As entrepreneurs, our personal happiness, the way we listen to and react to our staff, and the way we shape our own role at work all have profound effects on our companies, and ultimately, on how they grow. But lasting change is difficult. I should know – I recently achieved three major advances that I didn’t think were possible:
- I pushed my wife to create more work-life balance with me,
- I expressed compassion for a staff member facing personal challenges that were getting in the way of her job, and
- I redefined my #1 priority with my team at Round Table Companies (RTC) to focus on deepening relationships with potential clients.
It wasn’t easy, but I had a solid guide. Not long ago, I was playing around on Twitter, searching for people with influential business and leadership profiles who could review and possibly share my last Forbes piece. Author Robin Sharma read and enjoyed the article, and challenged me to read his new book as a result. After looking at his site, I knew we were in alignment, so I dove into his new book, The Leader Who Had No Title.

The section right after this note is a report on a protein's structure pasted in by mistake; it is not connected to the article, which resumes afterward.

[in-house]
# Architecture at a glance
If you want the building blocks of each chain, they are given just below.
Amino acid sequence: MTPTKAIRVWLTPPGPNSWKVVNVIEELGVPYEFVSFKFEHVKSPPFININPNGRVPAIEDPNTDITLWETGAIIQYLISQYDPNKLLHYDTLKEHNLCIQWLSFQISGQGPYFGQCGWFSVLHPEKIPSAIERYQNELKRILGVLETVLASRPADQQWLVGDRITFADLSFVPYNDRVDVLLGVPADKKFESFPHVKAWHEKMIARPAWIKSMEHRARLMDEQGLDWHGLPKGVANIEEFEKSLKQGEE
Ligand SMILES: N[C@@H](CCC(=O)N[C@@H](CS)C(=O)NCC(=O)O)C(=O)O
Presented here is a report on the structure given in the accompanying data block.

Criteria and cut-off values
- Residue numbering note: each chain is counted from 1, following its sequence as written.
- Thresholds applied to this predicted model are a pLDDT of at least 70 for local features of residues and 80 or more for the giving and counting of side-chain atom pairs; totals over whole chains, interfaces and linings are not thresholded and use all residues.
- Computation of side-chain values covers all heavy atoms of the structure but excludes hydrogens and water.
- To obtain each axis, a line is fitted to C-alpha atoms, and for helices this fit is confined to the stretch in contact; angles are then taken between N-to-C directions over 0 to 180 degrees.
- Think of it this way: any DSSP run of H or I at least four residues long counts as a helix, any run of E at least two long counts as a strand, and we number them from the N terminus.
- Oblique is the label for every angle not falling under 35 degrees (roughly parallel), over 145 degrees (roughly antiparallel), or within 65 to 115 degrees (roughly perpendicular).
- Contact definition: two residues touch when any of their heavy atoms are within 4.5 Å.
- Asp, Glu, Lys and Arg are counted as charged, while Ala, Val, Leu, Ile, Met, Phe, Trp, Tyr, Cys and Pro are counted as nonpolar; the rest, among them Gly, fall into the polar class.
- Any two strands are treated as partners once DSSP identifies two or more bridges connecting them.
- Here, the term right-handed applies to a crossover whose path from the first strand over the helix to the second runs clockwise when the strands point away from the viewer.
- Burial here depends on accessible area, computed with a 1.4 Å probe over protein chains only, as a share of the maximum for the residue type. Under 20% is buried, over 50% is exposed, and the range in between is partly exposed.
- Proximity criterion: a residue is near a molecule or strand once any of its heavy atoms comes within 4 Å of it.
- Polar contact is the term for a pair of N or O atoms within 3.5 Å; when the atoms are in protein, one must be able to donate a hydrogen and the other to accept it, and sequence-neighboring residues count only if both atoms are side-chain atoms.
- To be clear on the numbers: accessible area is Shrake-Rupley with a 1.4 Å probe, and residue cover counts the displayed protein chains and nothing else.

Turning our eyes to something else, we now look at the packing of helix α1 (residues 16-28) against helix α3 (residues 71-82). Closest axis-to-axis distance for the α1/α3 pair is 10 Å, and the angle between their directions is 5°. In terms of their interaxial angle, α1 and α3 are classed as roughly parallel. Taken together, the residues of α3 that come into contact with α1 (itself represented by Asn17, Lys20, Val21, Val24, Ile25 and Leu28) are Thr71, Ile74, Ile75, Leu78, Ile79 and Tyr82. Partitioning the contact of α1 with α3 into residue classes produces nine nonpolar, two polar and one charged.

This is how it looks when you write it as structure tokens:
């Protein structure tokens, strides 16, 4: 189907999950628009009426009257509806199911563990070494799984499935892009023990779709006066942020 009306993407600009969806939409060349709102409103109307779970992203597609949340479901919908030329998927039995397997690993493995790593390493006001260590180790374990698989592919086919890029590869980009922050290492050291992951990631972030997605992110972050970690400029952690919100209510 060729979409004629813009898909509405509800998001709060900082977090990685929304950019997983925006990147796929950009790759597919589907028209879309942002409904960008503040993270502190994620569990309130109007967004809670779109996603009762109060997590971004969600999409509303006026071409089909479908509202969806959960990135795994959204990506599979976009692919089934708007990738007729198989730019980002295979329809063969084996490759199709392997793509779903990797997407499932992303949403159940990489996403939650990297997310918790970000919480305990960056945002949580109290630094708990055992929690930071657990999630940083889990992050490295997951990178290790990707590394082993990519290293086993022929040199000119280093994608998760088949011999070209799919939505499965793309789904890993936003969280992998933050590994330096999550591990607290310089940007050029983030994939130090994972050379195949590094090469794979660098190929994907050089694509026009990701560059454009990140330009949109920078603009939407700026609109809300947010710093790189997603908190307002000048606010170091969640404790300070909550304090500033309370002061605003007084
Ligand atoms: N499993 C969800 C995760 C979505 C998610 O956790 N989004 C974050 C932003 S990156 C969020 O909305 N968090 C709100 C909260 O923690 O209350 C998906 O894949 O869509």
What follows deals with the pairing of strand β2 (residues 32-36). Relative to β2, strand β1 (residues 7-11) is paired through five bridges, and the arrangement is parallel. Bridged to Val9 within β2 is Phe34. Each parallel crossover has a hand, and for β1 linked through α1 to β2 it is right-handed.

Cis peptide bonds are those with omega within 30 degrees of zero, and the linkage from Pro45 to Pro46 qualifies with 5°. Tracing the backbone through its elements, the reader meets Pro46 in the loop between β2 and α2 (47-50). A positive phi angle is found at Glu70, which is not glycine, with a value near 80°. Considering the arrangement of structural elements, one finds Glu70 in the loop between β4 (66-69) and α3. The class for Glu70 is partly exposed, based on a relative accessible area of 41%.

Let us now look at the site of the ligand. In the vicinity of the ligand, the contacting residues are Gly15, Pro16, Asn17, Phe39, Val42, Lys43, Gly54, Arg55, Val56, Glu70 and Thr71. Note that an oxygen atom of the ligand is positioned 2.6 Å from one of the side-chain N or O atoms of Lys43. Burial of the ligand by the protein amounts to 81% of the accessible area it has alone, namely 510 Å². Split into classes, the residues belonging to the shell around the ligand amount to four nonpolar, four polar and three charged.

Below are six key lessons I learned from Robin that you can apply to your own business success.
1. It’s never too early to work on your dream business. While he continued to practice law, Robin would get to his local 24-hour coffee shop at 3:30 or 4:00 in the morning and write until he had to go to work at 8:00.
Though the first editor who read his work said he couldn’t write, Robin printed 2,000 copies of The Monk Who Sold His Ferrari at Kinko’s and kept them in his kitchen as he sold them. Sixteen years later, Robin’s books have sold more than six million copies. Early morning hustle pays off!
Question: Do you pop out of bed excited for the day, or are you snoozing your way out of opportunity?
Learn the remaining five lessons from Corey Michael Blake, founder and president of Round Table Companies , a storytelling and publishing company, and member of the Young Entrepreneur Council (YEC) an invite-only organization comprised of the world’s most promising young entrepreneurs.